life of a great institution, 10 years hardly amounts to a moment. But for an individual,
10 years marks a significant period. I returned to The University of Montana as president
in August 1990. Since then, I have found innumerable reasons to celebrate the wonders of
moving from student to president. My admiration has grown for the dedication, commitment
and accomplishments of the faculty and staff who indulged my inevitable, but hopefully
infrequent, mistakes and helped propel the University forward.
This report looks retrospectively and
from differing perspectives at the events and developments of the '90s decade. When asked
about the extent of the construction work that occurred, I typically explain that I do not
have an "edifice" complex, no matter what anyone says. The effort grew from the
recognition that students, faculty and staff require adequate and appropriate facilities
to realize their potential and serve the state, region, nation and world. What we have
done together has made it possible for students to thrive and for faculty and staff to
achieve some truly remarkable accomplishments.
What of the future? Have we achieved all that
we can anticipate? Do we need now simply to hold steady? No! We must strive to ensure the
continued development of the University as a research-oriented, doctorate-granting
institution that offers a quality undergraduate education. Realizing that objective will
demand creativity and ingenuity in identifying resources to support such an institution.
By 2005, I envision the University as even
more student-centered in that we take seriously our commitment to provide an education
second to none. During the next few years, we will identify the skills, insights,
understandings, attitudes, competencies and knowledge that educated people of the 21st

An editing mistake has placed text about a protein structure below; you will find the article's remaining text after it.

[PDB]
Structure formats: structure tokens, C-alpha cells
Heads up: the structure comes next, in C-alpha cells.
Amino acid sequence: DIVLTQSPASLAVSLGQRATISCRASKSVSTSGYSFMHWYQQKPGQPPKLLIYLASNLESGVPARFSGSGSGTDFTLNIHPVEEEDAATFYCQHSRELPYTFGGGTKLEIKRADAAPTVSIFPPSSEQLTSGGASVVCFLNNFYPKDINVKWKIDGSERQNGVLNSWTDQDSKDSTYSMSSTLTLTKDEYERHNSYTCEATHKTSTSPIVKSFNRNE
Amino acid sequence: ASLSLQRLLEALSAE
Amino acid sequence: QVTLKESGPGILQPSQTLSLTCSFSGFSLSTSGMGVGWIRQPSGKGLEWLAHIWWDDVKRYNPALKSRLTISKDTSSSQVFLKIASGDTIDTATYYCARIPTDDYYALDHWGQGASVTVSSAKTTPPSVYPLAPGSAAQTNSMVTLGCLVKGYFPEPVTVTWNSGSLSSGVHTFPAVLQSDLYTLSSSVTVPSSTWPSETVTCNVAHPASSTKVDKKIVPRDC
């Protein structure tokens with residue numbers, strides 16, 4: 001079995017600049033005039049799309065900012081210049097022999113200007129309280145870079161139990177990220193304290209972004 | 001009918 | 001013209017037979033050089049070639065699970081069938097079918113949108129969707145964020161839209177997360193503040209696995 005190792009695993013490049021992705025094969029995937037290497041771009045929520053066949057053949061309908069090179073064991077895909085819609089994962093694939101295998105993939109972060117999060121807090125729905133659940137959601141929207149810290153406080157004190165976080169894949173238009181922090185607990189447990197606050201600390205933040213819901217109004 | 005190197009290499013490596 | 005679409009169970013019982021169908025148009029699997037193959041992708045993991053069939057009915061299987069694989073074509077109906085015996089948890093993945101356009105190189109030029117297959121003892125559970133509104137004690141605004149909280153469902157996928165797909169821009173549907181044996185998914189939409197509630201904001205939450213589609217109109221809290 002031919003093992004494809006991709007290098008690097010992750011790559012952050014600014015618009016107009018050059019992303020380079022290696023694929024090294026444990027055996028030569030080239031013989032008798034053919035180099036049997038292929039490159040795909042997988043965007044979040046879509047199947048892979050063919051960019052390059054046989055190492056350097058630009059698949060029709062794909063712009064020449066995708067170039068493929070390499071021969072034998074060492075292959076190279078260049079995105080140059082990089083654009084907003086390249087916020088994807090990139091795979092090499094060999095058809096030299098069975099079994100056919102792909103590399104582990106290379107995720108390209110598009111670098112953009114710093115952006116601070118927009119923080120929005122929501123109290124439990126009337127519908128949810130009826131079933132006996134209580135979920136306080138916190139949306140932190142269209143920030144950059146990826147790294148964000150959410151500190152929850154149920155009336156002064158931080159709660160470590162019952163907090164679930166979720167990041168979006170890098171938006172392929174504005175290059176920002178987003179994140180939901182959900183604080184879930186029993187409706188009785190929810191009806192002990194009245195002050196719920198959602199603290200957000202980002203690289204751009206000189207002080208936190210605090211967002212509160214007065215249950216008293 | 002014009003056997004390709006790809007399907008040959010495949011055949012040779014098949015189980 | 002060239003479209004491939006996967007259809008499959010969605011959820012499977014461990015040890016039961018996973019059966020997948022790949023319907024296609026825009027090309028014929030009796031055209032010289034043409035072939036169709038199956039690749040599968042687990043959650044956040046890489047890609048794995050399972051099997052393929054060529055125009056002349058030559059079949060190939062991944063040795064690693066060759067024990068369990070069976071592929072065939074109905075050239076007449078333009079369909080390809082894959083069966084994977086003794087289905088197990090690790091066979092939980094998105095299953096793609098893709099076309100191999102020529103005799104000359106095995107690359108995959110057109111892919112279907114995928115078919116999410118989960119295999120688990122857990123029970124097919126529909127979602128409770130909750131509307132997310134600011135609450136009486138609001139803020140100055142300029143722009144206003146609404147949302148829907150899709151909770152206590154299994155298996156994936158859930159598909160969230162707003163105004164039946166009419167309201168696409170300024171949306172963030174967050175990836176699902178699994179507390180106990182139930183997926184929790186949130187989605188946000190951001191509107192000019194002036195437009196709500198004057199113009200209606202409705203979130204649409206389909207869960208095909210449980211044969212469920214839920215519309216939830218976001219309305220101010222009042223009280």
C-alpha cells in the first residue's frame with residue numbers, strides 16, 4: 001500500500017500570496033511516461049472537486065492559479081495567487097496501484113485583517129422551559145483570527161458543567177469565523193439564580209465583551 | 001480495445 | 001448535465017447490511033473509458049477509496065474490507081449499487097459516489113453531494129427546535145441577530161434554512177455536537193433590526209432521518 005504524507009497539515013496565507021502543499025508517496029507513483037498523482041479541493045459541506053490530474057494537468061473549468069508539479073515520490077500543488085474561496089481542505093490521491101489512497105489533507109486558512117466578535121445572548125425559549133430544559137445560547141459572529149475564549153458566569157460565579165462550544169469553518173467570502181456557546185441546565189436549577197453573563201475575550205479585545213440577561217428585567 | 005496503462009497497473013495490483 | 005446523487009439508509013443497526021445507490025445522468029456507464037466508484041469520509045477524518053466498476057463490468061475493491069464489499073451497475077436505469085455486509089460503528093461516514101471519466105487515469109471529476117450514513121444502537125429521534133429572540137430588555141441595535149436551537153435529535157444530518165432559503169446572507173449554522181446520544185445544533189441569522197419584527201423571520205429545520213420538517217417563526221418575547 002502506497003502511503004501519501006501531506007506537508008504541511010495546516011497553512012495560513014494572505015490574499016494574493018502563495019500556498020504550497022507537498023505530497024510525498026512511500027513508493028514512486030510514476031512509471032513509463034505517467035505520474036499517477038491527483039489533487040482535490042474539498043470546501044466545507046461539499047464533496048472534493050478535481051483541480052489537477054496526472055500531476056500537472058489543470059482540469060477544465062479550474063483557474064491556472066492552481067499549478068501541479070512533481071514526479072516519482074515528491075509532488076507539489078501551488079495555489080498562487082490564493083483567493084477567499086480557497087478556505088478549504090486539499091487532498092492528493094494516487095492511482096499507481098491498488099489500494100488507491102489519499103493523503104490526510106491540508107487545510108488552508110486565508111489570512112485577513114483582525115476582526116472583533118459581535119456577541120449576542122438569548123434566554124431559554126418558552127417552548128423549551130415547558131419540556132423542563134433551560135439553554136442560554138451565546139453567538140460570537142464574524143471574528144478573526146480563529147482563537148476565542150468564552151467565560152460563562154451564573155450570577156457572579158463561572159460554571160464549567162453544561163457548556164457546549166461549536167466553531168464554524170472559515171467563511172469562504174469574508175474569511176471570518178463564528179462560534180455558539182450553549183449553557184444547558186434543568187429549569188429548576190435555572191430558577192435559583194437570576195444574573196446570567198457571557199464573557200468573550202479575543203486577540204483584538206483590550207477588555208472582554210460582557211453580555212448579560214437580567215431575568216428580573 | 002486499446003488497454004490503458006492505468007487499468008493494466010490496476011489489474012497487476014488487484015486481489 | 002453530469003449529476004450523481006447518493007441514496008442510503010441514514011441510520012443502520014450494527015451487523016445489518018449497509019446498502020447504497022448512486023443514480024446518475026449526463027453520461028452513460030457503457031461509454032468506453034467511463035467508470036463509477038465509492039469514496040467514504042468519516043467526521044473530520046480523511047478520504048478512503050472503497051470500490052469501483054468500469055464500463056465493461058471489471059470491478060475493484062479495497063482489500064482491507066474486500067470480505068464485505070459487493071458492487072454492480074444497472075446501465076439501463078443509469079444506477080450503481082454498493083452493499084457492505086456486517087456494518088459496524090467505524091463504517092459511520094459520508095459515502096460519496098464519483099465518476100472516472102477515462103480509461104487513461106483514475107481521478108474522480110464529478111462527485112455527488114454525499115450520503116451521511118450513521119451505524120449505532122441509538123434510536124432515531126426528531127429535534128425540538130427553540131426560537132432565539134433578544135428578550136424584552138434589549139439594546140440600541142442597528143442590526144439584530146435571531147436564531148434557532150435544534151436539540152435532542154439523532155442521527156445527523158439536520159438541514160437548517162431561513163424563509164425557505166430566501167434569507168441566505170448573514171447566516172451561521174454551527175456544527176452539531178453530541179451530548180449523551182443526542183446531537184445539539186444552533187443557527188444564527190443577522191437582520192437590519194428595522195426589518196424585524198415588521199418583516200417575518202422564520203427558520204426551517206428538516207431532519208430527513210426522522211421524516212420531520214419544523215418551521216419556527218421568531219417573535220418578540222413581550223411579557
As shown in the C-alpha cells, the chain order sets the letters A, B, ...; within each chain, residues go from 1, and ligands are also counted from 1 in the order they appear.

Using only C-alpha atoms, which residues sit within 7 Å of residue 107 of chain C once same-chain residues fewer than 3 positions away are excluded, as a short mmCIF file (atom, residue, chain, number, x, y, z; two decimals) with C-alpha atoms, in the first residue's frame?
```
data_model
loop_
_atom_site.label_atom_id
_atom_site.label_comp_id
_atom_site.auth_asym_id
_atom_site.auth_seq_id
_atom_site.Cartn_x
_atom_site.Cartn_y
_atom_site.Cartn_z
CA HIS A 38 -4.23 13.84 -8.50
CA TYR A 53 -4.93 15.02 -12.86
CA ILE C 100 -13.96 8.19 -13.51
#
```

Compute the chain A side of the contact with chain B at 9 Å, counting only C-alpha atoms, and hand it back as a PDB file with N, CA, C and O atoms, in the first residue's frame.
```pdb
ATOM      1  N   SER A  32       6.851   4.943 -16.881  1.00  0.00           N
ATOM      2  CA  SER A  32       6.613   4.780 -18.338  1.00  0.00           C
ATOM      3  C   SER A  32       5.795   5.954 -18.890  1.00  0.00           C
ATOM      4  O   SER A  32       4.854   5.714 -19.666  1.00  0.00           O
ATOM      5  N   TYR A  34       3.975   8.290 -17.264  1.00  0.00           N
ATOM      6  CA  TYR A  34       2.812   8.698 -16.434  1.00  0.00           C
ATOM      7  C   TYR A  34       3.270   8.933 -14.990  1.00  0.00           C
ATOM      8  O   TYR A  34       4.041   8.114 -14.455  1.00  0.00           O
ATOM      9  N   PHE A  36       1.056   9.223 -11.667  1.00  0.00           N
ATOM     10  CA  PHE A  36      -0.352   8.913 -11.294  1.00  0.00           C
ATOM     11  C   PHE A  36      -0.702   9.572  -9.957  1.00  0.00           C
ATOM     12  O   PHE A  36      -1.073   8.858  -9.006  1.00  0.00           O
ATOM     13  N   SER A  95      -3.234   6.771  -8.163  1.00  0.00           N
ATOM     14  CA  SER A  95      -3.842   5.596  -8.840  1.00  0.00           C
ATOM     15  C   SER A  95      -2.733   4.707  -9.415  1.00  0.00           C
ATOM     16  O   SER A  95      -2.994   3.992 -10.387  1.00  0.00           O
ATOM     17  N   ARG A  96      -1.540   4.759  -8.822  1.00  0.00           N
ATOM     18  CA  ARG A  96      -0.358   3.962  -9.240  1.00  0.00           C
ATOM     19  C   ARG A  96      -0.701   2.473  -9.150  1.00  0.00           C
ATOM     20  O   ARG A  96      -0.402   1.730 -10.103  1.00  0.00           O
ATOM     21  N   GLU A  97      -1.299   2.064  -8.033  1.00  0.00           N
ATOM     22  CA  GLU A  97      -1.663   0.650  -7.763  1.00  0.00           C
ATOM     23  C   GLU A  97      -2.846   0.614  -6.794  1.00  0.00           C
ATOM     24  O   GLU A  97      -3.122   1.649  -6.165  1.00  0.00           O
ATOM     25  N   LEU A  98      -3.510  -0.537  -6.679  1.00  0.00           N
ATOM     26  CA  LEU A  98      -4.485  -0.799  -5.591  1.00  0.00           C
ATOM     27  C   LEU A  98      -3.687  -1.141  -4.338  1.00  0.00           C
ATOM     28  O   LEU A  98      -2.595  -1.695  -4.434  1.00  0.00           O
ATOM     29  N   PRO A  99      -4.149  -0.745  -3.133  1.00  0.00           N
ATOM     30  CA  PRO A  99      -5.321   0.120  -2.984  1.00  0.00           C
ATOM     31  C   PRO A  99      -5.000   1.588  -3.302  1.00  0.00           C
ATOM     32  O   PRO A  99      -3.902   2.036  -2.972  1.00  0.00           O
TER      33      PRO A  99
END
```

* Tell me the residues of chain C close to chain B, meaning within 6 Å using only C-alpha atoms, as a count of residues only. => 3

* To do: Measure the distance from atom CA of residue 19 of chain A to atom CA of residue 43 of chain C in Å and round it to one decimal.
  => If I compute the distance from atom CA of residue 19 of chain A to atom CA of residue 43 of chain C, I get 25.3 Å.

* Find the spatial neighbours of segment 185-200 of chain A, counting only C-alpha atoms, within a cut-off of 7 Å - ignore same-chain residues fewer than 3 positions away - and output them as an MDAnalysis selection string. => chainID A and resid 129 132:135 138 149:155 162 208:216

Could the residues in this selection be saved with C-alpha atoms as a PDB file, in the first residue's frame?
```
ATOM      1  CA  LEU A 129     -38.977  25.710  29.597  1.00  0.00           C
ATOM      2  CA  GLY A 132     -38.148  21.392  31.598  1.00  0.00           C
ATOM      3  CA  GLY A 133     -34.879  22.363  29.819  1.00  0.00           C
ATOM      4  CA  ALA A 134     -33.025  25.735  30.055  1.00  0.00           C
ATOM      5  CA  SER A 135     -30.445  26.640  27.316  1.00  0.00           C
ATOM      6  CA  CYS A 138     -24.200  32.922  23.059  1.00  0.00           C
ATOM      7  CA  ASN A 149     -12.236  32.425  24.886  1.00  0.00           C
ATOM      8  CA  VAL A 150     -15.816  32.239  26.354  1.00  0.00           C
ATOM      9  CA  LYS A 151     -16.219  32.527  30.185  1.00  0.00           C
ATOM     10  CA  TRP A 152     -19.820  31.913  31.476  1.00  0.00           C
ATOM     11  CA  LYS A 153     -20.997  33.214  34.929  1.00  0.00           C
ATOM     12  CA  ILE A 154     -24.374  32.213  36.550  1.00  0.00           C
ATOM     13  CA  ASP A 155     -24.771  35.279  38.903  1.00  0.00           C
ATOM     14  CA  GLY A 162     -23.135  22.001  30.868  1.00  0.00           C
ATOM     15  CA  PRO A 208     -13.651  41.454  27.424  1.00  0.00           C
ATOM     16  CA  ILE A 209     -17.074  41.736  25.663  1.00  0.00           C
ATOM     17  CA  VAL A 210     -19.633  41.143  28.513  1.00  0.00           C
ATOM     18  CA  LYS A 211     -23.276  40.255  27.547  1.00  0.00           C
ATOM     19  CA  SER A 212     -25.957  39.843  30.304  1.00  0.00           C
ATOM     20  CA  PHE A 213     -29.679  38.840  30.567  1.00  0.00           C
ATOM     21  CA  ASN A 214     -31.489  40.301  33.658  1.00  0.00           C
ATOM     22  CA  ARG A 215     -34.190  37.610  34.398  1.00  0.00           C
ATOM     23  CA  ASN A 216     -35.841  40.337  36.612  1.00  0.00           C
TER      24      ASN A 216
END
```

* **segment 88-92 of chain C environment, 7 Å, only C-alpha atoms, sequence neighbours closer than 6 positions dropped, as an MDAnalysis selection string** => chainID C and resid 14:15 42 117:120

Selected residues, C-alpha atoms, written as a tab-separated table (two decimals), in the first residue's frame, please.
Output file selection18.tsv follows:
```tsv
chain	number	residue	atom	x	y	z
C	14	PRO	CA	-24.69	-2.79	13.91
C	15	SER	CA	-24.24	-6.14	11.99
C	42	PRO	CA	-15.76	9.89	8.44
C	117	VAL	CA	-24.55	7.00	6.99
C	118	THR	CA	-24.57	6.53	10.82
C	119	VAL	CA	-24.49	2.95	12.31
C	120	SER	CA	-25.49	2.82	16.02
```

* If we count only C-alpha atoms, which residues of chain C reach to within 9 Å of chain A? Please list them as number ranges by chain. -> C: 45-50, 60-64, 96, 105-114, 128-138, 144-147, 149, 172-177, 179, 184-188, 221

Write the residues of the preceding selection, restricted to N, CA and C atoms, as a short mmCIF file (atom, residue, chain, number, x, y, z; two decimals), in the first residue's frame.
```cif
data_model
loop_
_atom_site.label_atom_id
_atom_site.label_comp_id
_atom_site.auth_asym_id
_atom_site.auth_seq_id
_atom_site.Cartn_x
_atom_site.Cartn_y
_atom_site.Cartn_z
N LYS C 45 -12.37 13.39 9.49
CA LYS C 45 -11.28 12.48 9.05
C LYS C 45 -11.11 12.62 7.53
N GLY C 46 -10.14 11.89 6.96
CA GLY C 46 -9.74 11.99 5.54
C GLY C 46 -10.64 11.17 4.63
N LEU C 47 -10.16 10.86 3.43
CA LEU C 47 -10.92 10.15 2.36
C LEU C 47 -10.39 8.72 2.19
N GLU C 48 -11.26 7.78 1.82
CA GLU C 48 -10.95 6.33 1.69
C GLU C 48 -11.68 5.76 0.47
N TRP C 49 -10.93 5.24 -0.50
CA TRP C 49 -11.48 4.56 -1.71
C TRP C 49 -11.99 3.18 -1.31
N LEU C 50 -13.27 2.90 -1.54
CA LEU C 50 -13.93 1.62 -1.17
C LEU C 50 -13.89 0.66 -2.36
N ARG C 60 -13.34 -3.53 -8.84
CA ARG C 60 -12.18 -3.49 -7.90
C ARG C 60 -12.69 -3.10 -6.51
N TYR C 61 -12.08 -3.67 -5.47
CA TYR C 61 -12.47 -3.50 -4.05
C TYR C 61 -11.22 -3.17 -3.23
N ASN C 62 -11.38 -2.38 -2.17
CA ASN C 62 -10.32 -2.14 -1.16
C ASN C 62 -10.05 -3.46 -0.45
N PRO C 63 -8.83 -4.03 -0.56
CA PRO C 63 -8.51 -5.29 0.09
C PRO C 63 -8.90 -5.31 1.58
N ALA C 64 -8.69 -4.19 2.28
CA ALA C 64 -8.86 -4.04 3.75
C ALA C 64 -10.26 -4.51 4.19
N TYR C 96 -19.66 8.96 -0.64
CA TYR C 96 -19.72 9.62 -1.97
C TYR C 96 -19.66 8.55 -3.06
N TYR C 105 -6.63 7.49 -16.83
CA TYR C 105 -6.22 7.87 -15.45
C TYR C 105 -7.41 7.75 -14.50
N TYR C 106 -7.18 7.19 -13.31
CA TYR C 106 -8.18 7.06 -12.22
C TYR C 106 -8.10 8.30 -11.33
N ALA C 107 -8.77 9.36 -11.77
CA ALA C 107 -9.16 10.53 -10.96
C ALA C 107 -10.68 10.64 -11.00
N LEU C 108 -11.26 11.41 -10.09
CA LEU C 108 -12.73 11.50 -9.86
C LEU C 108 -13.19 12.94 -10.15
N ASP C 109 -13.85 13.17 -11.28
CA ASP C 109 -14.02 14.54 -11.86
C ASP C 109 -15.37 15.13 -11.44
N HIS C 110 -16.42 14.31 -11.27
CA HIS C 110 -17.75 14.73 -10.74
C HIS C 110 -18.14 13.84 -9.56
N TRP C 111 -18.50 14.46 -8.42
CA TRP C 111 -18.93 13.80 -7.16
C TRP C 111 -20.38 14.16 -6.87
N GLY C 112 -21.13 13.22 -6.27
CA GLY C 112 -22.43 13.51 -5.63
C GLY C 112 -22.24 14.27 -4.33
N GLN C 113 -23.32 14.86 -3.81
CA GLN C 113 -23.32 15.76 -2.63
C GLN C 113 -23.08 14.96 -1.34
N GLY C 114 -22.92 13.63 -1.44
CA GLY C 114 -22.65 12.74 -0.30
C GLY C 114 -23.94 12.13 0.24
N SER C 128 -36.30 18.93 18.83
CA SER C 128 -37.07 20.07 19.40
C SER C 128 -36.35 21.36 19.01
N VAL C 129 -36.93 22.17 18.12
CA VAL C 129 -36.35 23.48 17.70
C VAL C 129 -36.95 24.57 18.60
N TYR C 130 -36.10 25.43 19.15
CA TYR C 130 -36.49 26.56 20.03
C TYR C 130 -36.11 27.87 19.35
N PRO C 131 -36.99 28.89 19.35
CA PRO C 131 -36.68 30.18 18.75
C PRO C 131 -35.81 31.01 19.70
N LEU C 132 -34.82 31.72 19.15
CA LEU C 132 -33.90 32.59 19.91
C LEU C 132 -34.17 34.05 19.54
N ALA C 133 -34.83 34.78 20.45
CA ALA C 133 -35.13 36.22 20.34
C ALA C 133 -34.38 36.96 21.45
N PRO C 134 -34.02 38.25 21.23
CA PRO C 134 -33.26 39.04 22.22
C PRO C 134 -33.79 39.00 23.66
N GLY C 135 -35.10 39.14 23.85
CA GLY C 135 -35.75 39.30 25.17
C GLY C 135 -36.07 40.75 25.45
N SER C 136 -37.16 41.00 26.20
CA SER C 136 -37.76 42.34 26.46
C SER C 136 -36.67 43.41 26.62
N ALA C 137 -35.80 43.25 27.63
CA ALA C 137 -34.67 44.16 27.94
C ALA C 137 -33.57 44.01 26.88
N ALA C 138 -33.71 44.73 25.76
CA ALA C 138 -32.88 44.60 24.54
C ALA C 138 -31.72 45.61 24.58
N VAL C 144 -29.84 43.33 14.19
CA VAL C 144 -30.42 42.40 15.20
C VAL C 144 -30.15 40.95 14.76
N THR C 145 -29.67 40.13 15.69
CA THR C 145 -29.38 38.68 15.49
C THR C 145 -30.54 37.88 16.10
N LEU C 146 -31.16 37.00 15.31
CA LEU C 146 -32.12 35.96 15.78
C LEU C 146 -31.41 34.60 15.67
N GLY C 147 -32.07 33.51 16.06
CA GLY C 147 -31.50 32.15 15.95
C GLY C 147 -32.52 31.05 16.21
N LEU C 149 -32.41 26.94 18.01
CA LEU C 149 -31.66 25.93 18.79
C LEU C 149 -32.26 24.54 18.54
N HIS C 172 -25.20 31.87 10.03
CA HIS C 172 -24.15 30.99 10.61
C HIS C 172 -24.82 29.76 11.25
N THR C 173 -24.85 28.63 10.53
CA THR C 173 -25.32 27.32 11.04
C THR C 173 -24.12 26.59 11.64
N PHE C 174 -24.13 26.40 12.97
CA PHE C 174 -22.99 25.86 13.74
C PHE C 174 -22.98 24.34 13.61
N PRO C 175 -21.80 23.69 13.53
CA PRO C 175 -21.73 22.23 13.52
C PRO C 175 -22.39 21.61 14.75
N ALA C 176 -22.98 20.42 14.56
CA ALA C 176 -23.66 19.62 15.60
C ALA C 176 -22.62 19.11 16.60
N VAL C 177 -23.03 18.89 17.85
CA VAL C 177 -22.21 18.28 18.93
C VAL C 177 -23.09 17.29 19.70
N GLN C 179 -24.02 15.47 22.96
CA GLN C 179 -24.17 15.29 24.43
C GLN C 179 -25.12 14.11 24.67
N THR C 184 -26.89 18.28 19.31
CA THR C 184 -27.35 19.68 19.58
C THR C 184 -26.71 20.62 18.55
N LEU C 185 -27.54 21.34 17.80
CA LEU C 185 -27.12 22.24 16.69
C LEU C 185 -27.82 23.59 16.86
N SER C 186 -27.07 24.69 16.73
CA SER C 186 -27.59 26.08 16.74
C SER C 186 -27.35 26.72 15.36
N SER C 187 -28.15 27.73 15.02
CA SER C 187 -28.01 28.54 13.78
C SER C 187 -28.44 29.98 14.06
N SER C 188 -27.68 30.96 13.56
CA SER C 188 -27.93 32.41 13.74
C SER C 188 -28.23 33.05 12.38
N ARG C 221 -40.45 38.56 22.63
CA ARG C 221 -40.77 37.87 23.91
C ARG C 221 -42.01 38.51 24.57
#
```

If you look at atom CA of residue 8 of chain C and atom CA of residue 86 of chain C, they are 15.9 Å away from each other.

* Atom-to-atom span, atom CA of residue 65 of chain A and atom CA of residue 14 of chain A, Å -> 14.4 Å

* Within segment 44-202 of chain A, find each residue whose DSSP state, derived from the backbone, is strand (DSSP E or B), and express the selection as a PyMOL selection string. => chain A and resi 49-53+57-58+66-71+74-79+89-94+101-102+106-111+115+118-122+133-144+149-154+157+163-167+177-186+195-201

century will need. And we will develop the means to help our graduates prepare for life in
an increasingly technological and interdependent global society. Building on the
foundations we have established, we can educate students for meaningful and rewarding
lives by engaging them as citizens while they study so that they can develop those
"habits of the heart" that make good citizens. I have great confidence in that.
And if we succeed, our communities will flourish.
In the next five years, the University will
have developed the facilities and infrastructure to sustain a funded research program in
excess of $55 million annually and the awarding of more than 50 doctorates per year.
The faculty researchers and their
graduate student assistants will maintain a careful balance between basic and applied
research so that the University always has something to apply. The graduate students will
exceed 3,000 of the total student population of 13,000, while American Indians and
international students together will account for some 2,000 of the total. The program
inventory will have changed in response to opportunities and needs, with a decided shift
toward the environmental and health sciences.
At the same time, an emphasis upon regional
and human concerns will provide the foundation for a flowering of the arts, humanities and
social sciences. Finally, I believe we also will see a coming-together of the K-12 sector
with higher education so that students of all ages -- from 5 to 90 -- will perceive the
much heralded, but seldom if ever realized, "seamless educational web."
Ambitious as it sounds, I believe that vision
attainable, based upon our accomplishments to date. However, we will need resources to
make it happen. In part, they must come from the state, since the University takes great
pride in its status as a public institution committed to the public good. The leverage
from increased state funding provides assurance of success in attracting funds from
external agencies and the private sector to support the vital work of the faculty, staff
It makes eminent sense for the state to
initiate such an investment in order to realize the educational, economic, intellectual,
social and cultural benefits that great universities provide. In the past, I often have
commented that we cannot have great societies without great public universities, but that
we cannot have great universities without significant support from the private sector. We
now have come to understand the reverse of that proposition, that we cannot have
significant private support without appropriate investment by the public.
The University in partnership with its
constituencies -- students, faculty, staff, alumni and friends -- can make the difference
for Montana as it moves into the 21st century. I look forward to working closely with you
as we pursue that worthy goal.